under my watch
As for implementation, Cordner identified three areas—police posts to be established with adequate staffing to bring effect to his crime plan, surveillance and patrolling of the waters off Moruga, Chaguaramas, Cedros, Toco, the Caroni River through Chantia Trace, and to know the suspects and cause them to be brought to justice.
As part of the NFSIU's mandate, Cordner had sought the establishment of a base at Laventille which he said had been gifted from the government in 1966.
Cordner had produced a letter which he addressed to "Minister of National Securities" and dated September 11, 2012 which identified a property at the corner of Pashley Street and Old St Joseph Road, Laventille which was submitted for a police post.
"Dr Mervyn Cordner along with members of the Flying Squad visited the said property along with the owner of the property and is very concern (sic) to begin use especially because of the present spate of murders. This location will produce change of behaviour among the people and the Police/Army contingent to maintain law and order," the letter read.
Investigations by the Sunday Express revealed that Cordner did not possess a valid doctorate.
Cordner had told the Sunday Express that he had been engaged in several operations which were a joint effort between his NFSIU, the police and the army.
He provided documents which showed that on October 9 last year, the NFSIU had conducted an operation with 40 officers with "cutlasses" and a medical team.
The document stated: "On October 9/10/2012, NFS Officers acting on information received with the assistance of the air unit were able to conduct air surveillance of the area."
The strategy was that "Officers would muster at a playground in the area and the helicopter shuttle the officers to and from the fields. The Result was that Numerous large marijuana fields spotted, coordinates taken."
Another alleged entry into NFS operations had as its target of interest a location in the Northern Division.
The date of the entry was 13/10/2012.
The objective was to detain people involved in human trafficking and prostitution.
The equipment the NFS allegedly used were 14 police officers and four women officers, immigration officers and translators.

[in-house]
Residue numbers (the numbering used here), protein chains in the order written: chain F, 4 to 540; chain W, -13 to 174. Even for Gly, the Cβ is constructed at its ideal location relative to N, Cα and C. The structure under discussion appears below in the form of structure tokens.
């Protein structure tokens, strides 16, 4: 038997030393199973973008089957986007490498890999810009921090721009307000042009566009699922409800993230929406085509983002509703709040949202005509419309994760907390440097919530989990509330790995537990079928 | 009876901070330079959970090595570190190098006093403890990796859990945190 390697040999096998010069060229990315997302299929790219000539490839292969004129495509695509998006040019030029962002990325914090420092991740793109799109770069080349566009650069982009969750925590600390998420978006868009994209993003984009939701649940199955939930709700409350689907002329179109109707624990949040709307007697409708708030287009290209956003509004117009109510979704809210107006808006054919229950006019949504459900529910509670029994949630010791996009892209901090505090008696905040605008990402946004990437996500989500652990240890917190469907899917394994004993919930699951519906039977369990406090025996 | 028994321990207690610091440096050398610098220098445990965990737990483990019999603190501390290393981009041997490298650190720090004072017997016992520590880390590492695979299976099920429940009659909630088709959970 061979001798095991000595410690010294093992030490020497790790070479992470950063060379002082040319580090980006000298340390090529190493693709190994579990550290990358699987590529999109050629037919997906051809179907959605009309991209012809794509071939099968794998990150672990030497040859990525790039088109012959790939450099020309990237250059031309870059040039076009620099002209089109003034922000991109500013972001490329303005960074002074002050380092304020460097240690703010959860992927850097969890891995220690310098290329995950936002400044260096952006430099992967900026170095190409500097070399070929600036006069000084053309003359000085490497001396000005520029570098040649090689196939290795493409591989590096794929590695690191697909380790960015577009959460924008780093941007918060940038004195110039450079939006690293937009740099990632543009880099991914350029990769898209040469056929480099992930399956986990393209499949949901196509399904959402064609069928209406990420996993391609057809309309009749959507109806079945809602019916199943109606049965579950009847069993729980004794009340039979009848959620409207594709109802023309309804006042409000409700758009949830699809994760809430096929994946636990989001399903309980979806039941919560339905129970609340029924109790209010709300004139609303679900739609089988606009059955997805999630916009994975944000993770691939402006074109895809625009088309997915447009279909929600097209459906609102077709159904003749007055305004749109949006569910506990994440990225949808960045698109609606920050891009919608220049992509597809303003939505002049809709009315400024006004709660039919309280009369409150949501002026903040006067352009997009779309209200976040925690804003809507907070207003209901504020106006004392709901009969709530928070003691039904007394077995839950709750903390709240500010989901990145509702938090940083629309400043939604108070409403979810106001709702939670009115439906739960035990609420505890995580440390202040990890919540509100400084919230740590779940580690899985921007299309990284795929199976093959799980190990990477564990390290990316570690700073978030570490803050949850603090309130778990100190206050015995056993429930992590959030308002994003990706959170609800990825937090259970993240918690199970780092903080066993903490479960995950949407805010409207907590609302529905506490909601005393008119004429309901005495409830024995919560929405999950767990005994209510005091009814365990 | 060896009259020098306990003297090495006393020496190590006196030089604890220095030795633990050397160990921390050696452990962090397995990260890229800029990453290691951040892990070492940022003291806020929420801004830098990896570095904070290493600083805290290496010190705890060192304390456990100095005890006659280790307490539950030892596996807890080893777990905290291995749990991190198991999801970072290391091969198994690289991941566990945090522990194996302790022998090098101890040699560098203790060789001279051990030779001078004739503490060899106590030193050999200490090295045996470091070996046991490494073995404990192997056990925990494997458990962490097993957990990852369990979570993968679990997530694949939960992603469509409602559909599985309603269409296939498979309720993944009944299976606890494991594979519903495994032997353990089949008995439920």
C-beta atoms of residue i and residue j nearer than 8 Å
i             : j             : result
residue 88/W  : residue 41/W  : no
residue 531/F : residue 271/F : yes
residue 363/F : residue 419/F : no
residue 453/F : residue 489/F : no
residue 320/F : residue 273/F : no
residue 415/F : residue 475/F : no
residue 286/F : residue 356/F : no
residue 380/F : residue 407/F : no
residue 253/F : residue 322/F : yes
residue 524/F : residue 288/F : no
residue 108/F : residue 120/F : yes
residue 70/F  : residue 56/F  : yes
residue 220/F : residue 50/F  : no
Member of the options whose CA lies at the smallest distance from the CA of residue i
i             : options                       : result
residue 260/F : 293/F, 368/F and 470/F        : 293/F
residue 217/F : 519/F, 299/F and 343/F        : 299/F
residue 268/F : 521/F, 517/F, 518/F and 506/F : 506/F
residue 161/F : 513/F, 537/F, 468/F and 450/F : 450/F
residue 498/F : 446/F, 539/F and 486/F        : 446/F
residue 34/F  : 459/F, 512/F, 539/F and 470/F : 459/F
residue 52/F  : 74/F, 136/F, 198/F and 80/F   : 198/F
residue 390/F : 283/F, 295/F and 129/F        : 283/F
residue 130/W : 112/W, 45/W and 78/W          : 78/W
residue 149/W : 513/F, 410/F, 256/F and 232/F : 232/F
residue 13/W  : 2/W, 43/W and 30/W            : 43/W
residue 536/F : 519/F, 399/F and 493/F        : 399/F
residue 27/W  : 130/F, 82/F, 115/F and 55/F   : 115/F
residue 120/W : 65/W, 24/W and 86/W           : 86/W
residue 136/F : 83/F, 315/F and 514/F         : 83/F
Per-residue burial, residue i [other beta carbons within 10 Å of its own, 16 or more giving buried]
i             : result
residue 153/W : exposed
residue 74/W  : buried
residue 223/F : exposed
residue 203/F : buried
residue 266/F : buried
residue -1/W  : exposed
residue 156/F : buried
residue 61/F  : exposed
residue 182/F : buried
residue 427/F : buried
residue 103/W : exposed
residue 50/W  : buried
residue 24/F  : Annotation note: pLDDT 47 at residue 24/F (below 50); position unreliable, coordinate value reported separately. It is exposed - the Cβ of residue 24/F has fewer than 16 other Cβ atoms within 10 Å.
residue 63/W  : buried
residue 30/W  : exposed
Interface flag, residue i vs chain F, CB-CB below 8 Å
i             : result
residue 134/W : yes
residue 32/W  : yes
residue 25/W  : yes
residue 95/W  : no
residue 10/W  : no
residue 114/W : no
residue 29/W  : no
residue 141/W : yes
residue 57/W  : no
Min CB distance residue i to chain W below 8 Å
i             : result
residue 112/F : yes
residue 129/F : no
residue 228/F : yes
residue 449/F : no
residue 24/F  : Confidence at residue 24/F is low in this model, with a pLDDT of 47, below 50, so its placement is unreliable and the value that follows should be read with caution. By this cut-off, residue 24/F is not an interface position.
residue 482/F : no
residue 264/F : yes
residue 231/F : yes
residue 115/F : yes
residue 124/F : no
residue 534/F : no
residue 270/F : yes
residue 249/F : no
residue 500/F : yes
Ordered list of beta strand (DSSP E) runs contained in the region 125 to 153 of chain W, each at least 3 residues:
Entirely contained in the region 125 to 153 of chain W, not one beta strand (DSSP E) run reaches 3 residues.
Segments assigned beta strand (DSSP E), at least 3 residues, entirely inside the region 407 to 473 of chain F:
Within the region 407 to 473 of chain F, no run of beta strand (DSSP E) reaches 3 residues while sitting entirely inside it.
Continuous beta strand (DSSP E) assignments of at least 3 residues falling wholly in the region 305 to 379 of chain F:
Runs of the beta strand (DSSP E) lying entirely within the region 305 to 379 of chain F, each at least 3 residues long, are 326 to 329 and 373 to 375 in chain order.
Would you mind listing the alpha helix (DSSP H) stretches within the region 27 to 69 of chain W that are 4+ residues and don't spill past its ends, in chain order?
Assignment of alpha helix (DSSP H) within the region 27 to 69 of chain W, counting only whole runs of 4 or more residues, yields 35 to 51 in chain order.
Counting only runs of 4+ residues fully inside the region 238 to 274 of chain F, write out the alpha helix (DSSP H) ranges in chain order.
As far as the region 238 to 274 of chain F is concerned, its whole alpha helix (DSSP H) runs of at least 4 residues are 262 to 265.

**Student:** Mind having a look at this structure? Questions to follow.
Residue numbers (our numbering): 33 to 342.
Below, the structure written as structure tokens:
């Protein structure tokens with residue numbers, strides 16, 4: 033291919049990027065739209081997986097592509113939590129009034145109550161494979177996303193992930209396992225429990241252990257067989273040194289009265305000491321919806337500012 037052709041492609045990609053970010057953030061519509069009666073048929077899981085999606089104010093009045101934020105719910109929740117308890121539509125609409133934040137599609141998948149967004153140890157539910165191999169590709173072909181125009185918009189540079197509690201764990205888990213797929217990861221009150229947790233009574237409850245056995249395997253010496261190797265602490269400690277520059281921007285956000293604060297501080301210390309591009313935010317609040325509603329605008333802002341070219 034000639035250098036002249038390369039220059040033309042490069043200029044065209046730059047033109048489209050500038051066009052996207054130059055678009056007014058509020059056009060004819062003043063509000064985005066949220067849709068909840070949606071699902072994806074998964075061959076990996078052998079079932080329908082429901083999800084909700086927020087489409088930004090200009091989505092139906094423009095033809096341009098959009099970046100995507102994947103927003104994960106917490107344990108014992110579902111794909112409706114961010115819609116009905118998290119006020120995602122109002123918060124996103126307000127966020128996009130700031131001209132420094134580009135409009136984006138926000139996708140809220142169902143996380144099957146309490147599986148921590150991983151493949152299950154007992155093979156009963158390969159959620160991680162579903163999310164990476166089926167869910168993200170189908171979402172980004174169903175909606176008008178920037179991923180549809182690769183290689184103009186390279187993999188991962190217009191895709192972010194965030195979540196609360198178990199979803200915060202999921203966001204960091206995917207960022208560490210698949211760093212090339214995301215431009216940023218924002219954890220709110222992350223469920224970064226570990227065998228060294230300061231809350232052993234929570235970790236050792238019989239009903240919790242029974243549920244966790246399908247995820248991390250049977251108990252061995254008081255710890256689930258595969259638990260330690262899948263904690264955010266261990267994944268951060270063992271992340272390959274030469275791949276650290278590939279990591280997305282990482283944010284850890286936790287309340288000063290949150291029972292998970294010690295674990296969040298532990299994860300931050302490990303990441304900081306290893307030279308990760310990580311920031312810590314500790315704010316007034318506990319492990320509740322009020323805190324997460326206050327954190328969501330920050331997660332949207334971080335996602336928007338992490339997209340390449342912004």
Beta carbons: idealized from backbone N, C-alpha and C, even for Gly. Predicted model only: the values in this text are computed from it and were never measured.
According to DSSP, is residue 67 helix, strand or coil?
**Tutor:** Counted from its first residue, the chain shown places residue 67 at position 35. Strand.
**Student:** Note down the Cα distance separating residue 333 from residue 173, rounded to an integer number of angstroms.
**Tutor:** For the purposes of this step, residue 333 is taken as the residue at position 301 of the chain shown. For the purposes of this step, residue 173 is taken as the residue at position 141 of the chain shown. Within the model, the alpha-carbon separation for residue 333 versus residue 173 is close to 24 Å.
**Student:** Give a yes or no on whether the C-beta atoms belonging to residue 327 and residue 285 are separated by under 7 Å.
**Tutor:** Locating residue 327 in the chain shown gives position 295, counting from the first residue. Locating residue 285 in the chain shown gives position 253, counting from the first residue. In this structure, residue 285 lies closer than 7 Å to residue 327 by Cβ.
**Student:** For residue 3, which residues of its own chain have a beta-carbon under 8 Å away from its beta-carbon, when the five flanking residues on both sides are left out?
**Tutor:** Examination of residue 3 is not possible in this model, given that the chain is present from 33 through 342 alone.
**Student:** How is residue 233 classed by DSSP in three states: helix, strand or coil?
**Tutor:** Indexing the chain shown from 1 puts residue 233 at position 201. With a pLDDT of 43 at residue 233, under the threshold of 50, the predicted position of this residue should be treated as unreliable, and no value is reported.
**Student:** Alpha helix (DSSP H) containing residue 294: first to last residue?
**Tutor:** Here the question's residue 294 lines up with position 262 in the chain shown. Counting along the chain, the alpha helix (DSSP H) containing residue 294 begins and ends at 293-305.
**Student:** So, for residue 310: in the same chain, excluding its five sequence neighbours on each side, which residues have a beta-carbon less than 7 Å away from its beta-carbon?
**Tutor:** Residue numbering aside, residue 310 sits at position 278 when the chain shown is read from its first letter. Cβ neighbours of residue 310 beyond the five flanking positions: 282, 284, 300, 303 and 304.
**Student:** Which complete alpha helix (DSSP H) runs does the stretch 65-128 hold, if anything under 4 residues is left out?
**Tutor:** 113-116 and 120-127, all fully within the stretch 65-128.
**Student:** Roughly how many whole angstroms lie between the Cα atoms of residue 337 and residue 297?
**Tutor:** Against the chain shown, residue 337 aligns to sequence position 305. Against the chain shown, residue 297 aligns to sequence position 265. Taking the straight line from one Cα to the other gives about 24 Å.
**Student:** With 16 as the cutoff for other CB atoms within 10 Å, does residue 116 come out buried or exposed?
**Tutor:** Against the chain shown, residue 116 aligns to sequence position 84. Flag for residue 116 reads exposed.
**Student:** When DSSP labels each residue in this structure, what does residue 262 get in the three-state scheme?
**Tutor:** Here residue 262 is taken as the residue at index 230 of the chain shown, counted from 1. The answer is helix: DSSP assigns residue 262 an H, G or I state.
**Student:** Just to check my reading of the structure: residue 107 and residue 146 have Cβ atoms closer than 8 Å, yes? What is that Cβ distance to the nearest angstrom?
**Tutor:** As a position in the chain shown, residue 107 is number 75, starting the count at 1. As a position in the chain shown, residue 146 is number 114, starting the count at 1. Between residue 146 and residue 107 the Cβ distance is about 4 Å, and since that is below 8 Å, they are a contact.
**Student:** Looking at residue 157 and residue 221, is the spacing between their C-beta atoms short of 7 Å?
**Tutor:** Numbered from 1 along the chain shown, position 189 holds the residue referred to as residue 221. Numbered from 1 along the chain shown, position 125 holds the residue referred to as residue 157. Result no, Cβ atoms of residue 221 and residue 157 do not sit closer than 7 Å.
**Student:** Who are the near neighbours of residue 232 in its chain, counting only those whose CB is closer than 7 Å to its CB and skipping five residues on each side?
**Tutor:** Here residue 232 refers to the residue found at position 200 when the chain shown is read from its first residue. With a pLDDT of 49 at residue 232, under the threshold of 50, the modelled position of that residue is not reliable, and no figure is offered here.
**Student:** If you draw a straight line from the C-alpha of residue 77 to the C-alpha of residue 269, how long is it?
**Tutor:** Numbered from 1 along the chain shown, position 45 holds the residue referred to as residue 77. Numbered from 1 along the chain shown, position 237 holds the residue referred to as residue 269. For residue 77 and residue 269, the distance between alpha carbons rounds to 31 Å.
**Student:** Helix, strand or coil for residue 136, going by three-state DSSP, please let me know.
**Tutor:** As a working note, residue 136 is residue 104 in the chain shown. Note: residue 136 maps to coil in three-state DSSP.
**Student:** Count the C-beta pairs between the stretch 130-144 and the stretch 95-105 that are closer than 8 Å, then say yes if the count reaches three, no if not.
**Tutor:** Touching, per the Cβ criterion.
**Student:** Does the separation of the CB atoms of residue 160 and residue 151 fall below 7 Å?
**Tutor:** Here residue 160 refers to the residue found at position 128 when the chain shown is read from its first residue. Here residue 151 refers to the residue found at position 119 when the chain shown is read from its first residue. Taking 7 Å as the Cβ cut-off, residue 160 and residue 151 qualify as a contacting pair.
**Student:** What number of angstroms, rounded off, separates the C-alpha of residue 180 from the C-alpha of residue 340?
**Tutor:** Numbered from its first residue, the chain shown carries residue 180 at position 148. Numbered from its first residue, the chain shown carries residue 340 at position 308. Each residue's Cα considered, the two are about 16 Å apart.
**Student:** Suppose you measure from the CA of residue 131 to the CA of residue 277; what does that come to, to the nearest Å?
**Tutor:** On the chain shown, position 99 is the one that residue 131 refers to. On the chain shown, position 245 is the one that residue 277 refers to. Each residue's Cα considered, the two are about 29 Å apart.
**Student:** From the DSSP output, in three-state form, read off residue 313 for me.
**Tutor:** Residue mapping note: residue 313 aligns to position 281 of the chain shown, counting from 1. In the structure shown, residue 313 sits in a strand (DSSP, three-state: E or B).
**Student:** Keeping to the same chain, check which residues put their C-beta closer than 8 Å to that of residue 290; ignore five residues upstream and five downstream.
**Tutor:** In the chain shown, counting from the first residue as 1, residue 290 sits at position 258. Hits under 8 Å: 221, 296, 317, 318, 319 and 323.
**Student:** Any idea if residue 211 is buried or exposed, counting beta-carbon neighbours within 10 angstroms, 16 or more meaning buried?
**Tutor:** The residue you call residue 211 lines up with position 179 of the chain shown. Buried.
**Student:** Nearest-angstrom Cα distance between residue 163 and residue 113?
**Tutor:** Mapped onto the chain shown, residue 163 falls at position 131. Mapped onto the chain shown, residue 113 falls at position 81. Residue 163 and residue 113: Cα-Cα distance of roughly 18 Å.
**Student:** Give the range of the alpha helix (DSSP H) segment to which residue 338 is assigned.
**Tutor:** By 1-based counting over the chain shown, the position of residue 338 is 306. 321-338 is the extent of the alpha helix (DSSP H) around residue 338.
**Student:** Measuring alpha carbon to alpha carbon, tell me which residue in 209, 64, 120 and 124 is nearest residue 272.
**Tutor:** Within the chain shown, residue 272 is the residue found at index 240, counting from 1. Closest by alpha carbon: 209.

There were no results for this exercise.
Cordner also provided a list of equipment which he had submitted to the Ministry on October 16.
He told the Sunday Express that he had been asked to investigate the murder of a Chinese couple, Yang Jiang Hua and Wu Xia Hua both 60 years old, who were shot and killed at Tiger's Chinese Restaurant at Southern Main Road, Cunupia on July 19, 2012.
He said he had detained someone for the murders and had him in a safe house for a while following the incident but did not disclose what happened to the individual or if he handed him over to police.
Further, he also told the Sunday Express who "Mr Big" in T&T was.
But he said the government was unwilling to go after him.
Cordner even claimed to have an arrest warrant for a former minister of government.
He said he was promised a budget similar in quantum to the now-defunct Special Anti-Crime Unit of Trinidad and Tobago (SAUTT) at about $180 million for his operations and as such had rented space at Factory Road at Piarco, recruited men and spent money out of his own pocket with the expectation that he would be reimbursed.
In June 2012, Warner was appointed Minister of National Security.
Shortly after his appointment, Warner said he would explore the possibility of bringing back a "Flying Squad that is sanitised" in his approach to deal with the country's crime scourge.
Warner has maintained that he eventually dismissed the revival of the unit because Police Commissioner Williams was not comfortable with making former Flying Squad members—among them Lance Lashley, Trevor St Louis and Michael Lambert—special reserve policemen (SRPs).
It was Cordner who approached Warner in July 2012 with a proposal to resurrect the Flying Squad. He already had a Chaguanas-based doctor on board and was negotiating insurance packages for the team.
Warner yesterday dismissed the idea that a "brawn-based" approach was now needed to deal with crime.
"Criminals are so far ahead. The age has evolved. If Randolph Burroughs was around today, I am not sure he would have used the same approach to dealing with crime. The age of brawn is over," he said.
Cordner has insisted that the men be paid for the work they did over the six-month period which the unit allegedly operated.